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[whatwg] name/codebase attributes on object element

From: Michael A. Puls II <shadow2531@gmail.com>
Date: Thu, 25 Oct 2007 03:33:27 -0400
Message-ID: <6b9c91b20710250033n4849482ar41887c46ab598396@mail.gmail.com>
On 10/22/07, Vlad Alexander (xhtml.com) <vlad.alexander at xhtml.com> wrote:
> I noticed that the latest HTML 5 draft states that the "name" and "codebase" attributes are not allowed on the "object" element.
>
> 1. Plug-ins, such as XStandard, use the "name" attribute for submitting content to
> the server without the need for JavaScript. This makes for an accessible solution.
> XStandard has been doing this for 4 years in some browsers. IE, Firefox and
> Opera support this feature. This attribute serves a vital role for plug-ins.

Yes, I agree. The name attribute has to be supported (at least when
the object is inside <form>. (All the form stuff hasn't been dealt
with yet though.)

> 2. The "codebase" attribute is the only way to auto-install or update plug-ins in IE. > This is an important feature that should not be removed without providing an
> alternative solution.

If we do define it, it's going to be fun because what it's for depends
on how it's used.

It can be a URI to fetch a new version (for IE).
It could be the directory that java class files are in (in browsers
besides IE when using the Sun java plugin).
It could be a base URI used for resolving relative URIs (in browsers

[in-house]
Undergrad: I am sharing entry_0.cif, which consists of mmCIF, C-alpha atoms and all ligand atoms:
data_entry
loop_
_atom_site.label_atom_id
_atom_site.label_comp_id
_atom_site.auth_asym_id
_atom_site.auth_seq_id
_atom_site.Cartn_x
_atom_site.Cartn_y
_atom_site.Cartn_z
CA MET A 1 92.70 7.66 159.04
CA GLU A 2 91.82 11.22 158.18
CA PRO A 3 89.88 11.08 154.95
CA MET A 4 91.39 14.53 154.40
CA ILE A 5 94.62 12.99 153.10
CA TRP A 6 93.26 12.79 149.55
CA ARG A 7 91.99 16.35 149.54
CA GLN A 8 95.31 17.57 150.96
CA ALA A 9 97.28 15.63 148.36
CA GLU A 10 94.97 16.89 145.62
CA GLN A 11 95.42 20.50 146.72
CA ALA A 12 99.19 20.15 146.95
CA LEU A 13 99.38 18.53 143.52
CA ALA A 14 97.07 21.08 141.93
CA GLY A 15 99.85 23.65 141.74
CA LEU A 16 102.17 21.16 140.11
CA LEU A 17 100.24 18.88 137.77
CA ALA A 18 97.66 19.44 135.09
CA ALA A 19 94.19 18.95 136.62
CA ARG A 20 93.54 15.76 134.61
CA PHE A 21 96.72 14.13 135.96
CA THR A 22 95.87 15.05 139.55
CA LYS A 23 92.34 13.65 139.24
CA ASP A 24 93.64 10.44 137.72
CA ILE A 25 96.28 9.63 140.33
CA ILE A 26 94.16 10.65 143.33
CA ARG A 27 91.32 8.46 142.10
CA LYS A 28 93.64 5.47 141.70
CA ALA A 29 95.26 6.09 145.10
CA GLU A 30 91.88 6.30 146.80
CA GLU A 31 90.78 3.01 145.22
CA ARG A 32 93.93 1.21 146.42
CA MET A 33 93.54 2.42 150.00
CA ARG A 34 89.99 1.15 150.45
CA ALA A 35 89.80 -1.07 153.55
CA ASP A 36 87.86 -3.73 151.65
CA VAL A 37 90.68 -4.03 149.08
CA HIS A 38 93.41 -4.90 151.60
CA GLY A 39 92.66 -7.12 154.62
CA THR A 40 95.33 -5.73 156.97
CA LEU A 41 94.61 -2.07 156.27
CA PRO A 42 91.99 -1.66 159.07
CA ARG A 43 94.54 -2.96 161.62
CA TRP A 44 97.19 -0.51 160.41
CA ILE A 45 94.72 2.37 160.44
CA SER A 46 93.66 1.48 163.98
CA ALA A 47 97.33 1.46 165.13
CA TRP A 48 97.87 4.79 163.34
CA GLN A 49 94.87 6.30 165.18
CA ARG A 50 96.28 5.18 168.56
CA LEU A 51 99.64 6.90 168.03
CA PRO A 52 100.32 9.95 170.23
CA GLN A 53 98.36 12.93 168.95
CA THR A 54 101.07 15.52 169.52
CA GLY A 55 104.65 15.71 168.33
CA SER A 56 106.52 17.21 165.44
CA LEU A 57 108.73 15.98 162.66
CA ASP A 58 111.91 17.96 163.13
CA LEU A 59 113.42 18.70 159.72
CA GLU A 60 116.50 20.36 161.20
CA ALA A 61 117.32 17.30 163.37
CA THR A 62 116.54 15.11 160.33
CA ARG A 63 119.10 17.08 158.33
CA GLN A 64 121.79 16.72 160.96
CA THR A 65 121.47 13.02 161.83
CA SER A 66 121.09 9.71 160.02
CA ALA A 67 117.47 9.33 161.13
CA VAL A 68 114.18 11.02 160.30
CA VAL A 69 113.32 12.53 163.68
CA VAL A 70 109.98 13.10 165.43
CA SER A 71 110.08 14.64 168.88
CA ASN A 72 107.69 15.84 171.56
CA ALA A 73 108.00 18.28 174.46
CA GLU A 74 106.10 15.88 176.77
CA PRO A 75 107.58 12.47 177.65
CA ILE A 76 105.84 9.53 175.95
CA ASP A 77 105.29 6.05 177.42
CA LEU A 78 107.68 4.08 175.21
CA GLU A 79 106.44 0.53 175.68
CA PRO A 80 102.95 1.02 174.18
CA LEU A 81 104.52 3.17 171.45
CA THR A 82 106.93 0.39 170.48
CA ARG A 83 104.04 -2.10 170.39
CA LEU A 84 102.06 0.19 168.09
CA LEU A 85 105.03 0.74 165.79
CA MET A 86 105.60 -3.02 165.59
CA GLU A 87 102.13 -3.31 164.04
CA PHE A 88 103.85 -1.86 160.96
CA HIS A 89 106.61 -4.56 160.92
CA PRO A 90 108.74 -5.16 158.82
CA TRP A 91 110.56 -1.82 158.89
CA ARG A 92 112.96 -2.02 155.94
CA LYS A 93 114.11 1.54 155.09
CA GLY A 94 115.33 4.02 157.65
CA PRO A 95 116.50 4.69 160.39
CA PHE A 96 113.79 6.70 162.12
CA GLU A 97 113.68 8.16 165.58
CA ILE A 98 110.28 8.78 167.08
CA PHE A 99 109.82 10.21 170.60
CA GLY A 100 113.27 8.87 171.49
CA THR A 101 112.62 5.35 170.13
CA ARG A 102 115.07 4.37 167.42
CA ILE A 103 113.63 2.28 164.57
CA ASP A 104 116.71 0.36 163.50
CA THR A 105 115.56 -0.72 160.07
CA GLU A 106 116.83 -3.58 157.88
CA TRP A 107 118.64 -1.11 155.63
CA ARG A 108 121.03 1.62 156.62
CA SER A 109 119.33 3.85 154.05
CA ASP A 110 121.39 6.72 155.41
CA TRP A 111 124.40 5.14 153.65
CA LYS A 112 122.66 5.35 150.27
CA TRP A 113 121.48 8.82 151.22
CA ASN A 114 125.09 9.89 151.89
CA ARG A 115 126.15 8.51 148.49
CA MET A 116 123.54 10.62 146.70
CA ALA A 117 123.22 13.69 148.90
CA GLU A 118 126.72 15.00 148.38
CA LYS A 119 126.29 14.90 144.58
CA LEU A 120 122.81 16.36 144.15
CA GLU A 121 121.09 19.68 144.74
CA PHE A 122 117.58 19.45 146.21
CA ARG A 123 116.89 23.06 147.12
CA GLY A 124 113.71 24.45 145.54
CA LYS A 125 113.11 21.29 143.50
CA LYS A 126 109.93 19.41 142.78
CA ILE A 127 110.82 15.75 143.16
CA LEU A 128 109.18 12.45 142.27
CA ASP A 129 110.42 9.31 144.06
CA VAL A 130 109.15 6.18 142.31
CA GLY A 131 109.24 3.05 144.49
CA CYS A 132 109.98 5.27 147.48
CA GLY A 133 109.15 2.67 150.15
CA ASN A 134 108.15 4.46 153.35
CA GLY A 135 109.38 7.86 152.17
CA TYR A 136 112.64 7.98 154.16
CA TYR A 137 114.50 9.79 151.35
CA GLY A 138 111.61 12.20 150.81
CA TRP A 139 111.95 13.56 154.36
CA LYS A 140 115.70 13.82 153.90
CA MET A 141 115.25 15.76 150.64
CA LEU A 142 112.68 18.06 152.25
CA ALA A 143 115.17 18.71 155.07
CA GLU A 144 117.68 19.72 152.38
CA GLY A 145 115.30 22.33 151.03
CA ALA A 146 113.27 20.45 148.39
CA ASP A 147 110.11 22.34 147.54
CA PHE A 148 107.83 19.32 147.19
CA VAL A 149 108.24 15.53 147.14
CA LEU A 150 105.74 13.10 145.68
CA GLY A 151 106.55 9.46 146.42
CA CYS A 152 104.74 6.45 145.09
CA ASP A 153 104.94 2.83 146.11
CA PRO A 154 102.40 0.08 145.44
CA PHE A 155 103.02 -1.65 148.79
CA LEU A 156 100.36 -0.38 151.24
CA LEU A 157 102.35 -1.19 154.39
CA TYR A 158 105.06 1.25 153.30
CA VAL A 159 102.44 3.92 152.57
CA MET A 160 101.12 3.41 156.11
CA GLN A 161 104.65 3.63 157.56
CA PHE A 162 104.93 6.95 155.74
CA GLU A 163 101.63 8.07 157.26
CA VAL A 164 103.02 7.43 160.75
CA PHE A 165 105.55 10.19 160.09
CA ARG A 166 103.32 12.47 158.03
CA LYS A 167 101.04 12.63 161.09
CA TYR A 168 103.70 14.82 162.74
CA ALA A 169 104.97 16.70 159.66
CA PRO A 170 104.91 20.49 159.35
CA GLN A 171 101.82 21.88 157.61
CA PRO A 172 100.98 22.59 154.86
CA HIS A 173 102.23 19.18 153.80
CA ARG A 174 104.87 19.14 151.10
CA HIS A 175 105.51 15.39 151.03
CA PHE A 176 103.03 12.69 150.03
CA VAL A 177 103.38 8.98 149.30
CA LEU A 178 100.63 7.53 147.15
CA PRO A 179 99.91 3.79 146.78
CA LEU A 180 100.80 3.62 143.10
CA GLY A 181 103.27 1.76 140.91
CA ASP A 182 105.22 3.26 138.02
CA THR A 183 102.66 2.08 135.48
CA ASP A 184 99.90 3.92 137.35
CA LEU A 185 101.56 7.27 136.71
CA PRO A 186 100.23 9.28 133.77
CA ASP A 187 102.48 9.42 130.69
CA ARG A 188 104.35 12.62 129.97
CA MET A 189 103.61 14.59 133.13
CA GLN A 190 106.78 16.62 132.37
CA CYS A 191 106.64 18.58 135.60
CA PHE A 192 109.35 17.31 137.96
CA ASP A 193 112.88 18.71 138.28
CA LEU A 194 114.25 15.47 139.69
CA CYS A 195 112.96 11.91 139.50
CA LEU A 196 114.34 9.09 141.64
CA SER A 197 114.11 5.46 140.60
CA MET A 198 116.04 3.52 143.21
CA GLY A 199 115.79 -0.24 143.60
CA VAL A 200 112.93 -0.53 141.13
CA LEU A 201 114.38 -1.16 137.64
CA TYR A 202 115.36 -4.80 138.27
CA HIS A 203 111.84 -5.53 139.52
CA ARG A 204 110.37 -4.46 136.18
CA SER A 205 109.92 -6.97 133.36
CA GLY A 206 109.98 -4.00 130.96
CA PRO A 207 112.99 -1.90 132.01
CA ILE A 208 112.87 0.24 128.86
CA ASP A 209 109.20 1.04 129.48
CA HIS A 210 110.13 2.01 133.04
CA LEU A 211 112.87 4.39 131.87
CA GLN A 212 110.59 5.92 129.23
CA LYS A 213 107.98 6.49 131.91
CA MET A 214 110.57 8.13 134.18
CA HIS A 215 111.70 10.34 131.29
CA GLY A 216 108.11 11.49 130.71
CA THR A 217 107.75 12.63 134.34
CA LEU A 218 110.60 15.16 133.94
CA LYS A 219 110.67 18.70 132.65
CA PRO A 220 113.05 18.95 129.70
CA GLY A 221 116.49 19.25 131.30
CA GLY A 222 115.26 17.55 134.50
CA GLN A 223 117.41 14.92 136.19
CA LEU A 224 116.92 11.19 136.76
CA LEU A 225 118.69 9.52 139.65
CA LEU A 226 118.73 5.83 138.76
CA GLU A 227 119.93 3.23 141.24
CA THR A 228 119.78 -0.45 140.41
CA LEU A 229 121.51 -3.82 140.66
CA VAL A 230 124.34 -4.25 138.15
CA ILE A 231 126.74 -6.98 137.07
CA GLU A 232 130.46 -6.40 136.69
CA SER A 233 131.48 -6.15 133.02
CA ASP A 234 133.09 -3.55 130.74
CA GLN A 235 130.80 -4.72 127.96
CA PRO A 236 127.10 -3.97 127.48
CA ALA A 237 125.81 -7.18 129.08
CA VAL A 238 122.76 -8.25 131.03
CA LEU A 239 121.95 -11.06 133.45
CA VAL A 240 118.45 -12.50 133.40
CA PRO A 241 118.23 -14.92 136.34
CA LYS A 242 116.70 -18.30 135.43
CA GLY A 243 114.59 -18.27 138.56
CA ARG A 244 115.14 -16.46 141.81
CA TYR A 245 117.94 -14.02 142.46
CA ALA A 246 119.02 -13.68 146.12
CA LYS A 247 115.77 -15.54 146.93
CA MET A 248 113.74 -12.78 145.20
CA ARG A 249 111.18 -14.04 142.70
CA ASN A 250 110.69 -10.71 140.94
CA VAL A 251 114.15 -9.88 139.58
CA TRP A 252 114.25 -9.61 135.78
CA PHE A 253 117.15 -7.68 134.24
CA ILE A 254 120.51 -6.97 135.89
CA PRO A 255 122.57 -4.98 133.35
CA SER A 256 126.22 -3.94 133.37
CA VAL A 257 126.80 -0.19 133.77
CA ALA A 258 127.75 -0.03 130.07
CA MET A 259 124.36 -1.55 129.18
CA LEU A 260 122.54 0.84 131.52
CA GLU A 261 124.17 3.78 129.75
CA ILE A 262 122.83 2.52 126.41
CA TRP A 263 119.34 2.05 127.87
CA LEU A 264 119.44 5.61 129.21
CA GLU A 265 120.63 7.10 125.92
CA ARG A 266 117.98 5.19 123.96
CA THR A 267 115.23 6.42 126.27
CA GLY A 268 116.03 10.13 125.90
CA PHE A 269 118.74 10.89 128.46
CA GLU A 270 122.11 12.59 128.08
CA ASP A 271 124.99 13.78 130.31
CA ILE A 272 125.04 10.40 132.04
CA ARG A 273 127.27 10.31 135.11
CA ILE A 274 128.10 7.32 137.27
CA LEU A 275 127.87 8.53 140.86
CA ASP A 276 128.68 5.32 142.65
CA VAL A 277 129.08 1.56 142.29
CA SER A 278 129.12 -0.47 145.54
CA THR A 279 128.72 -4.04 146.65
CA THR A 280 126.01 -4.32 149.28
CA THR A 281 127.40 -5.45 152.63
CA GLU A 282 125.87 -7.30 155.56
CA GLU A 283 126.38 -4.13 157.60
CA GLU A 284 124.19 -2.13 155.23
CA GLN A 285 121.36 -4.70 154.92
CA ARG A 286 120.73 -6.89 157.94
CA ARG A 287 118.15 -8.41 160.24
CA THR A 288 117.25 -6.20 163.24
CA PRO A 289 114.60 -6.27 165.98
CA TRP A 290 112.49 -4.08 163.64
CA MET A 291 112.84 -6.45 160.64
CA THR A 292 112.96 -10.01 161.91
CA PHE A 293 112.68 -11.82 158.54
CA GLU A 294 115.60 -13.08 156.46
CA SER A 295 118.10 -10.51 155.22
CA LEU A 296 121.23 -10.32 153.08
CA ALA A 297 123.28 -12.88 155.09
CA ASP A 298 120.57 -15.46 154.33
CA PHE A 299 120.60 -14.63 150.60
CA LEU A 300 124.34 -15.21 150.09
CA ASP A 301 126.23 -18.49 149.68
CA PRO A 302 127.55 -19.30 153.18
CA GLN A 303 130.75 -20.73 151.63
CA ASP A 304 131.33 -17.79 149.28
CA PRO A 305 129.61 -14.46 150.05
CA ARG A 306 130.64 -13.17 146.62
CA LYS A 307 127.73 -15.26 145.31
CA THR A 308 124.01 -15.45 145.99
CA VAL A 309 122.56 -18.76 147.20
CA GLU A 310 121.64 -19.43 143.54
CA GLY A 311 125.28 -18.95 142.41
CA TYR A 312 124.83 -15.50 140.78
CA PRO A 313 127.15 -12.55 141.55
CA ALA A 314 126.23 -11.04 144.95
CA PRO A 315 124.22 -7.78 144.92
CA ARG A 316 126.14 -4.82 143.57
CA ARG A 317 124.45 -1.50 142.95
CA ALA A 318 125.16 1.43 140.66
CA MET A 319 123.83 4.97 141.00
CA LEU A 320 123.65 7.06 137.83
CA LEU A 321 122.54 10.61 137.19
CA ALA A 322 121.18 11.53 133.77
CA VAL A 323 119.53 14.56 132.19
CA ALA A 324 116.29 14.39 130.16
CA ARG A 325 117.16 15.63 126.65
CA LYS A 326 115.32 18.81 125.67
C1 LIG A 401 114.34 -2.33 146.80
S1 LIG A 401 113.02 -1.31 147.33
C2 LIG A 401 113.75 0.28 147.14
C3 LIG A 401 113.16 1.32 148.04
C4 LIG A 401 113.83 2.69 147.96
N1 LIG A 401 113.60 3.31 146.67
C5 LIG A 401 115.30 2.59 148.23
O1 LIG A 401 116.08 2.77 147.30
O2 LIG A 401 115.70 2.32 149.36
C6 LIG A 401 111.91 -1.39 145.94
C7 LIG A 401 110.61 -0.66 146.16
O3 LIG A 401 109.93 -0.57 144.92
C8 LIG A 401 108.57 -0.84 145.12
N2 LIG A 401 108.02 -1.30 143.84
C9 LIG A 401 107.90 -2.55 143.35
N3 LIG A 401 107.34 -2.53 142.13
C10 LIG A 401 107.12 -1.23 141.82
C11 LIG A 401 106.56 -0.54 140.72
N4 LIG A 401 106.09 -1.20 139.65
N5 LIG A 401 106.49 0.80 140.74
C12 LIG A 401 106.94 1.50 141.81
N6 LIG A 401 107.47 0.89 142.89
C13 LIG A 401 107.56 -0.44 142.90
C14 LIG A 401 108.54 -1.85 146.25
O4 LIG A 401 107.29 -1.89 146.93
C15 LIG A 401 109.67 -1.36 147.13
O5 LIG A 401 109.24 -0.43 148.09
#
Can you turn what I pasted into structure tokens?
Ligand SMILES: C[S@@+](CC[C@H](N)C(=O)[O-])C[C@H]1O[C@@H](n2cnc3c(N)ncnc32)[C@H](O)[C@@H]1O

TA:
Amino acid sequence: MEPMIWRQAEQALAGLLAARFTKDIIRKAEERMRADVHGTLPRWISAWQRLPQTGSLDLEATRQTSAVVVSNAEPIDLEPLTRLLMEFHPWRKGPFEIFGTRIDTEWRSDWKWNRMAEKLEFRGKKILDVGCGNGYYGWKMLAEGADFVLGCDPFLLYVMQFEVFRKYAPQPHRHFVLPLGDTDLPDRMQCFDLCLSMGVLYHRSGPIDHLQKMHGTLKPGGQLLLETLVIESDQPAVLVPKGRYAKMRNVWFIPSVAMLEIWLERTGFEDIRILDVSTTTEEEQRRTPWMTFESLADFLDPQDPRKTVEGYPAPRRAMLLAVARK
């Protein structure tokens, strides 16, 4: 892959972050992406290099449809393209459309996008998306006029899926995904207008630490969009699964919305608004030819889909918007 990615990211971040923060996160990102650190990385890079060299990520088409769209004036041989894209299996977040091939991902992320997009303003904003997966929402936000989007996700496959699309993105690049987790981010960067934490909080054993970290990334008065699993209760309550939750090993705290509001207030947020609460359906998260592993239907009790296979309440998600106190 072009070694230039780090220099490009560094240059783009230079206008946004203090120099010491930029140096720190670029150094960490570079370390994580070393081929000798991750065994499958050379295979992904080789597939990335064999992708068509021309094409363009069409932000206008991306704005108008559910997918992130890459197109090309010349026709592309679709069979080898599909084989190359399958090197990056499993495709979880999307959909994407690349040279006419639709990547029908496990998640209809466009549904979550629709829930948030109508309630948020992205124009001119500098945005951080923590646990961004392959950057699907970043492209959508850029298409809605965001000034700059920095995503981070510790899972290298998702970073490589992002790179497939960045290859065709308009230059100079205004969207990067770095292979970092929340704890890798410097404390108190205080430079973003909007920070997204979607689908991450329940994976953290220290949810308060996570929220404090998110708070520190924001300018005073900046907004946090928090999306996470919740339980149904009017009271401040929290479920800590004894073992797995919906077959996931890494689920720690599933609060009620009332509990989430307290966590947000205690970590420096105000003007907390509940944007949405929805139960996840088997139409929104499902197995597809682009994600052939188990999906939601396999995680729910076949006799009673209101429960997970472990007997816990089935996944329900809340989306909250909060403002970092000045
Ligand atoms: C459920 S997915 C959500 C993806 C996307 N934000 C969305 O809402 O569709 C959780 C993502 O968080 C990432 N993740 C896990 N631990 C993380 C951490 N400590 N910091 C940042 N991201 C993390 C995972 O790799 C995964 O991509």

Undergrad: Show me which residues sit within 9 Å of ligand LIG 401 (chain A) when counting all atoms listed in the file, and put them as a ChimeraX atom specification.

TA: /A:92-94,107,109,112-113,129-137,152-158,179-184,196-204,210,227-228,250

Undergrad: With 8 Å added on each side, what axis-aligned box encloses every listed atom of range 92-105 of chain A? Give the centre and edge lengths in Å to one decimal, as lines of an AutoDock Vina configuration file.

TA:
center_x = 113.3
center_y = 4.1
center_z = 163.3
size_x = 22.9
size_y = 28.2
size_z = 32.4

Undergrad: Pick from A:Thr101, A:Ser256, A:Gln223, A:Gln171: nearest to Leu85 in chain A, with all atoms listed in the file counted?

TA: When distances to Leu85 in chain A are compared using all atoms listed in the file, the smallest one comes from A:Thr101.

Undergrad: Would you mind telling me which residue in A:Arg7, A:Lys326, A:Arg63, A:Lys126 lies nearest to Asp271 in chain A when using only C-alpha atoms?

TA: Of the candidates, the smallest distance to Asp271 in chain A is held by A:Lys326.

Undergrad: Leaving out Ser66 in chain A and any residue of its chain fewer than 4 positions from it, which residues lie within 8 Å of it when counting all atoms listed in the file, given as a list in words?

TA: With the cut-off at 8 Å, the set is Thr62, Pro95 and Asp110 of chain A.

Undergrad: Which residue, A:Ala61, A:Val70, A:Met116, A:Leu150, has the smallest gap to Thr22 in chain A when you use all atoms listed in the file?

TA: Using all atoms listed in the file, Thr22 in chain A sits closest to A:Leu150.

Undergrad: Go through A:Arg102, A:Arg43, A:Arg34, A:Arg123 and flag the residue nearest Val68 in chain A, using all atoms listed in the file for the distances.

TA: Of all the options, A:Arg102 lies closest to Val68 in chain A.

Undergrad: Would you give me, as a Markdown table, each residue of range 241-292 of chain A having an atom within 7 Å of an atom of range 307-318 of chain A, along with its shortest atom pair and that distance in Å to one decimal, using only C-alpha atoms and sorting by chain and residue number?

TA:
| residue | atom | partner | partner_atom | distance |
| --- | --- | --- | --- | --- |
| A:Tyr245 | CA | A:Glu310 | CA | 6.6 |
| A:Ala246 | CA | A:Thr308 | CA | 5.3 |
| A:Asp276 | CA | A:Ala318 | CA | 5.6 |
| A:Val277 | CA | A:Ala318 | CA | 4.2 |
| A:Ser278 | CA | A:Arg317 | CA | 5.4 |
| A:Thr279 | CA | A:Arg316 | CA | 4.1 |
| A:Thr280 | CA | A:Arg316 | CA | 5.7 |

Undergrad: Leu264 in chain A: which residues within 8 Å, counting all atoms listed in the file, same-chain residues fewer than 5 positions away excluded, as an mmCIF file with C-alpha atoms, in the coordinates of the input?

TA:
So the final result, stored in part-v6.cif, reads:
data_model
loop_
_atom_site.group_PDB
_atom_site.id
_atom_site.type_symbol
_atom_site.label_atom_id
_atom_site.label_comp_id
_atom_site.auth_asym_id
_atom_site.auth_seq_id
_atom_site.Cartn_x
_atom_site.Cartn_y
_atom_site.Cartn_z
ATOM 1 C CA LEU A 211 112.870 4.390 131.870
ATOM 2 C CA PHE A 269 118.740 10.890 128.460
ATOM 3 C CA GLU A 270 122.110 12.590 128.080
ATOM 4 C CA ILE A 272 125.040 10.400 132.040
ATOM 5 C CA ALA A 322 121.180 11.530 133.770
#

besides IE for possibly native stuff and some plugins).

For the last 2, there would need to be rules to follow  to determine
whether it's an IE upgrade URI or a base URI so browsers besides IE
don't use it as a base path if it's not really a base path. But,
there's not much need to use a codebase attribute in FF, Opera and
Safari (not even for java).

Of course the codebase issue isn't really a problem.  If you author an
HTML5 page, just use:

<!--[if !IE]>-->
modern markup
<!--<![endif]-->
<!--[if IE]>
IE markup
<![endif]-->

That way, you can support IE and still be valid (most of the time).
You have to do that now a lot of times anyway if you don't wan't to
use EMBED or IE css hacks and still support IE6.

> 3. The HTML 5 draft states that the "embed" element is used for plug-in content.
> The "object" element is a better mechanism for loading plug-ins and is supported
> by all browsers. The HTML 5 spec should state the "embed" or "object" elements
> can be used for loading plug-ins.

"plugin" is mentioned as an example in the object section. It also
talks about an external resource handled by a 3rd party.

-- 
Michael
Received on Thursday, 25 October 2007 00:33:27 UTC

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